Despite the uncertainty of the times, trading in corn, cattle, iron, hunting dogs and slaves was conducted with neighbouring tribes. It seems that the traders followed a trackway which led from the Vale of Glamorgan to the fort at Caerau. The track probably took a northerly route to avoid the marsh land, following the line of modern Ely Road and Llandaff High Street until it reached the River Taff. At this point travellers forded the river and continued their journey eastwards.

Over a period of thousands of years, the light, fertile soil of the Vale of Glamorgan had attracted a succession of invaders. Each wave of immigrants  brought new technological advances which enabled them to dominate and absorb earlier settlers. The Silures were the last of these colonists and they held sway in the region until about AD 50. Then the mighty, disciplined legions of Imperial Rome invaded Britain and, with their arrival, the swampy land near the Taff, shunned by earlier intruders, assumed  a significance which would lead to the first settlement at Cardiff.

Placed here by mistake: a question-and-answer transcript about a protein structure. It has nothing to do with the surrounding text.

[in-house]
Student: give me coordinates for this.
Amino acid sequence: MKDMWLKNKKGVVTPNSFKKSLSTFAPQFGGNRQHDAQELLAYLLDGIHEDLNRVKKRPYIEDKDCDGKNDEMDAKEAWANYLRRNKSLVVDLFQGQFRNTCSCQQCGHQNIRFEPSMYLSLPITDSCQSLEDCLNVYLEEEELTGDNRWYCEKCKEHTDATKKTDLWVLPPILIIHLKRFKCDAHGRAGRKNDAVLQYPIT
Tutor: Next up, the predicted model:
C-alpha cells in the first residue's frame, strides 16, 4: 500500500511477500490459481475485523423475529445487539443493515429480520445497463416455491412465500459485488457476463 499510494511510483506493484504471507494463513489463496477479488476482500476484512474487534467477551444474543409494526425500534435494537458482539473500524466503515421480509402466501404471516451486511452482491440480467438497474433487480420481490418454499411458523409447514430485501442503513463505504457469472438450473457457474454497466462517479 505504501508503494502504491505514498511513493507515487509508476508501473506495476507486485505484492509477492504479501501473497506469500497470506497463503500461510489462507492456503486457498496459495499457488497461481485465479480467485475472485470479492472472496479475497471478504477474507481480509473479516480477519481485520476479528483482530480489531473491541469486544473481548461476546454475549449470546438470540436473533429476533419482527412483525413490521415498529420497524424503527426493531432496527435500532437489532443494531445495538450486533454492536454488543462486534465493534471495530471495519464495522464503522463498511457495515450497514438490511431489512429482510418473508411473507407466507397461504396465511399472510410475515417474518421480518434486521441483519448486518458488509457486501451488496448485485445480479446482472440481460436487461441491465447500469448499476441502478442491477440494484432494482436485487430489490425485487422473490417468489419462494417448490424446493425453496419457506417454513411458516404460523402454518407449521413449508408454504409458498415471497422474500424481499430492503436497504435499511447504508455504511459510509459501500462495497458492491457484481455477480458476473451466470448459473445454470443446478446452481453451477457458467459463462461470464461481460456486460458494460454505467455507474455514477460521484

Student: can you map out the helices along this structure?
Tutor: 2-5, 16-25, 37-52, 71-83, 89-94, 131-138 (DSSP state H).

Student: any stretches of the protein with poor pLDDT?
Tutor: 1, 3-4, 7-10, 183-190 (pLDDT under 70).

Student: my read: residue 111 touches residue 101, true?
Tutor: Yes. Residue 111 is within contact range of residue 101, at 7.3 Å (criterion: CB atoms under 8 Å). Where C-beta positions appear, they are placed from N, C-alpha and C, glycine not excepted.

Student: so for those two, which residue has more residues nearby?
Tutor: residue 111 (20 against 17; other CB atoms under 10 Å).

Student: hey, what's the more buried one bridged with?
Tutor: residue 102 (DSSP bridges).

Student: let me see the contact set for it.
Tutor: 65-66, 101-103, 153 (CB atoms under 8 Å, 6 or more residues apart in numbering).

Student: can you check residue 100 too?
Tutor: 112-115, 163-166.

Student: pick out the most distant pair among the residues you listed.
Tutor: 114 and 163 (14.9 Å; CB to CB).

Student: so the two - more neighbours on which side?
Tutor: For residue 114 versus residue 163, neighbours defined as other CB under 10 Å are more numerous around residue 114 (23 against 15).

Further Research

 

Prehistory galleries at the National Museum of Wales

Robinson D.M. South Glamorgan’s Heritage: The archaeology

              of the county (Bridgend 1985)

Savory H.N. Early Iron Age Glamorgan in Glamorgan County

            History Vol. II ed. Glanmor Williams (Cardiff

            1984)